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Saturday, April 9, 2011

The Stories of the Top 80 Anime: Kanon

11. It's fitting for Kanon to be the 'first' of the top twenty, just as Clannad was first of the top ten. Kanon is Key's earliest work, and only half as long as Clannad, but still nearly the best anime ever made.

I am, of course, talking of Kyoto Animation's version of Kanon, made in 2006, not the earlier version by another company that doesn't look nearly as good. The Kyoto Kanon, if anything, has even more beautiful girls than the ones in Clannad, the music is as good as ever, composed by the same master, Jun Maeda, the voice acting is supreme, and so on. The visual style of Key's works is just my favorite anime style ever.

Whereas Clannad was about many things, Kanon is only about one thing, loss. Just when you think there's no one left to lose, your foster-mother gets hit by a car. There is no mercy in Kanon. It's just tears all the way through. How would you feel to watch a girl become senseless and feeble right before your eyes, slowly losing her sentience and then her life, but only after you've fallen in love and she asked to marry you? How would you feel if as a child, your childhood friend fell out of a tree and broke her body right in front of you, because you couldn't catch her? How would you feel if a girl's own berserk magic nearly killed her best friend, and then she tried to commit suicide in front of you out of remorse? How would you feel if the girl you met skipping school only had a few months left to live, and was only wearing a smile on her face, but was deeply terrified and suicidally depressed right behind that courageous mask? In a bewilderingly quick series of events, Yuichi meets so many wonderful girls, and loses them all, one after the other, like as though they're all fighting in the front lines of World War I together. You start to think that the author can't hurt you anymore, that you've become inured to the loss, but it's no use. No matter how you steel yourself, the author knows how to make you feel it all yet again, with just the right music, just the right lines, and just the right flashbacks. You can't beat Kanon, you're going to cry.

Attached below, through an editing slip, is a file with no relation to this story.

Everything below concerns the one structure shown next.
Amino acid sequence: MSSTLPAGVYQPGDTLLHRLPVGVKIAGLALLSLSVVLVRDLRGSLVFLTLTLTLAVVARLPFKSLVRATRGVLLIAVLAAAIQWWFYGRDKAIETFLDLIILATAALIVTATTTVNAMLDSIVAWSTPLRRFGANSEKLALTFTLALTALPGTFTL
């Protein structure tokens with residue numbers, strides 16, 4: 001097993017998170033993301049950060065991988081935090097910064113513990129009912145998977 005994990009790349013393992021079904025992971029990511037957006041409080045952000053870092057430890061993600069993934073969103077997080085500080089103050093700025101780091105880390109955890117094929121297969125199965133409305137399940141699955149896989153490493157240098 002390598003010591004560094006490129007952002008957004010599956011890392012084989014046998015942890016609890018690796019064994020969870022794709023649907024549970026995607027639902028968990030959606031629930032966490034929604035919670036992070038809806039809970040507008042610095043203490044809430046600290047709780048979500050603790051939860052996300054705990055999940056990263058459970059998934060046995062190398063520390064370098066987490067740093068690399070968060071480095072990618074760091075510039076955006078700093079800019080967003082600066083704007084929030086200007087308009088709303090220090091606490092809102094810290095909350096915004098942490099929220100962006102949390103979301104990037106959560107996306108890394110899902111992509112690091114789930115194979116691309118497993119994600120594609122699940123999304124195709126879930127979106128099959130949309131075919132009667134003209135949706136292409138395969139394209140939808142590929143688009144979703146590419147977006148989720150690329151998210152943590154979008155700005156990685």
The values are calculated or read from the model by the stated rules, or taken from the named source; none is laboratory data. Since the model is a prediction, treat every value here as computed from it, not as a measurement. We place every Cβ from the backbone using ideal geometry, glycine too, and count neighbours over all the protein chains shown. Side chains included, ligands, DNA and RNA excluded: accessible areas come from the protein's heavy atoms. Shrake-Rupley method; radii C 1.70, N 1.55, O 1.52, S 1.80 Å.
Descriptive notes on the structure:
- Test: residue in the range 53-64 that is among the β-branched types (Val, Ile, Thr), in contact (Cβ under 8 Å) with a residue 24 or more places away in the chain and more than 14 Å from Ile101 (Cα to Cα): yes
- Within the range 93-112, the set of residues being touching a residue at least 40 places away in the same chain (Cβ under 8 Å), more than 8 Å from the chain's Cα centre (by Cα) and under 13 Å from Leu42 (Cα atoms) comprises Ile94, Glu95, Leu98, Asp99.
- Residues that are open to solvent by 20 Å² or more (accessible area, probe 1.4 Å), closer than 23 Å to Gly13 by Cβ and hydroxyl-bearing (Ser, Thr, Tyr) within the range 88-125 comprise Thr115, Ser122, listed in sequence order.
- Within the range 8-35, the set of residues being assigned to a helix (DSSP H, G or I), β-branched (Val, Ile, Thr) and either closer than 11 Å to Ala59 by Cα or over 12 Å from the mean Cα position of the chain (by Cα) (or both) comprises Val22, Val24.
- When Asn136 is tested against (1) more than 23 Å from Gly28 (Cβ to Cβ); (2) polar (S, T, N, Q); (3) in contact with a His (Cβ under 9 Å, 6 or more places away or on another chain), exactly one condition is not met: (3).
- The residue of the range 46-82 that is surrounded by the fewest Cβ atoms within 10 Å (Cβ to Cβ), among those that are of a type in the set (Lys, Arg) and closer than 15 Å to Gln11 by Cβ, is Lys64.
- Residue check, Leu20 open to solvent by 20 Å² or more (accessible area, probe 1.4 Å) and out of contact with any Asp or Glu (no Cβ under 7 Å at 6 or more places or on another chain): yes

Naturally, Kanon realizes that to make you care about the characters, you must first be happy, so he spends just as much time building them up, with laughter and cuteness, as he does tearing them down, with pain and death. The humorous scenes are some of the best humor anywhere, the cute scenes the cutest scenes anywhere. It's all to play the watcher like a fiddle.

Miraculously, at the end, it turns out Ayu has gained some sort of angelic powers from being in a coma for so long, since childhood, and manages to intercede with God to spare all the lives of all the girls you've met, except for Makoto, who is already dead. Everyone recovers from their injuries and illnesses, and you live happily ever after. Which is certainly a relief, but too late to spare your feelings of loss when you thought things wouldn't go so well.

But is Kanon just a chance to feel maudlin emotions? Not at all. There is a deep philosophical bent to the story, that is trying to ask questions to the viewer as well. What should someone do if he or she knows someone close to him or her is inevitably going to die? Should you try to push them away, so it doesn't hurt as much when they do die? Or should you treasure them even more, trying to save up all the experiences you can with them? How much unwitting harm did the main character boy cause as a child by making bonds with people and then moving away, leaving them all in the lurch? Is there still a person's soul, something that somehow connects them to their past self that you loved, inside the body of a senile woman who can't remember who you are anymore, that means you should continue to take care of them? How should someone face certain death? Is it better to just end it ahead of time, on your own terms? If there are so many wonderful girls who all love you, if you get along with all of them perfectly, which should you choose?

Kanon is a tough world, like the front line of World War I. In tough worlds, you have to make tough decisions, you have to answer the hard questions, the ones most people are able to avoid their entire lives. But by watching Kanon, we are given a chance to think on these issues, hard questions that really do matter how you answer them, even if they never come up. This is because the answers help form your character and identity. Kanon is a forge to test the steel of your soul. I hope everyone emerges from it with a different perspective on life than when they went in.

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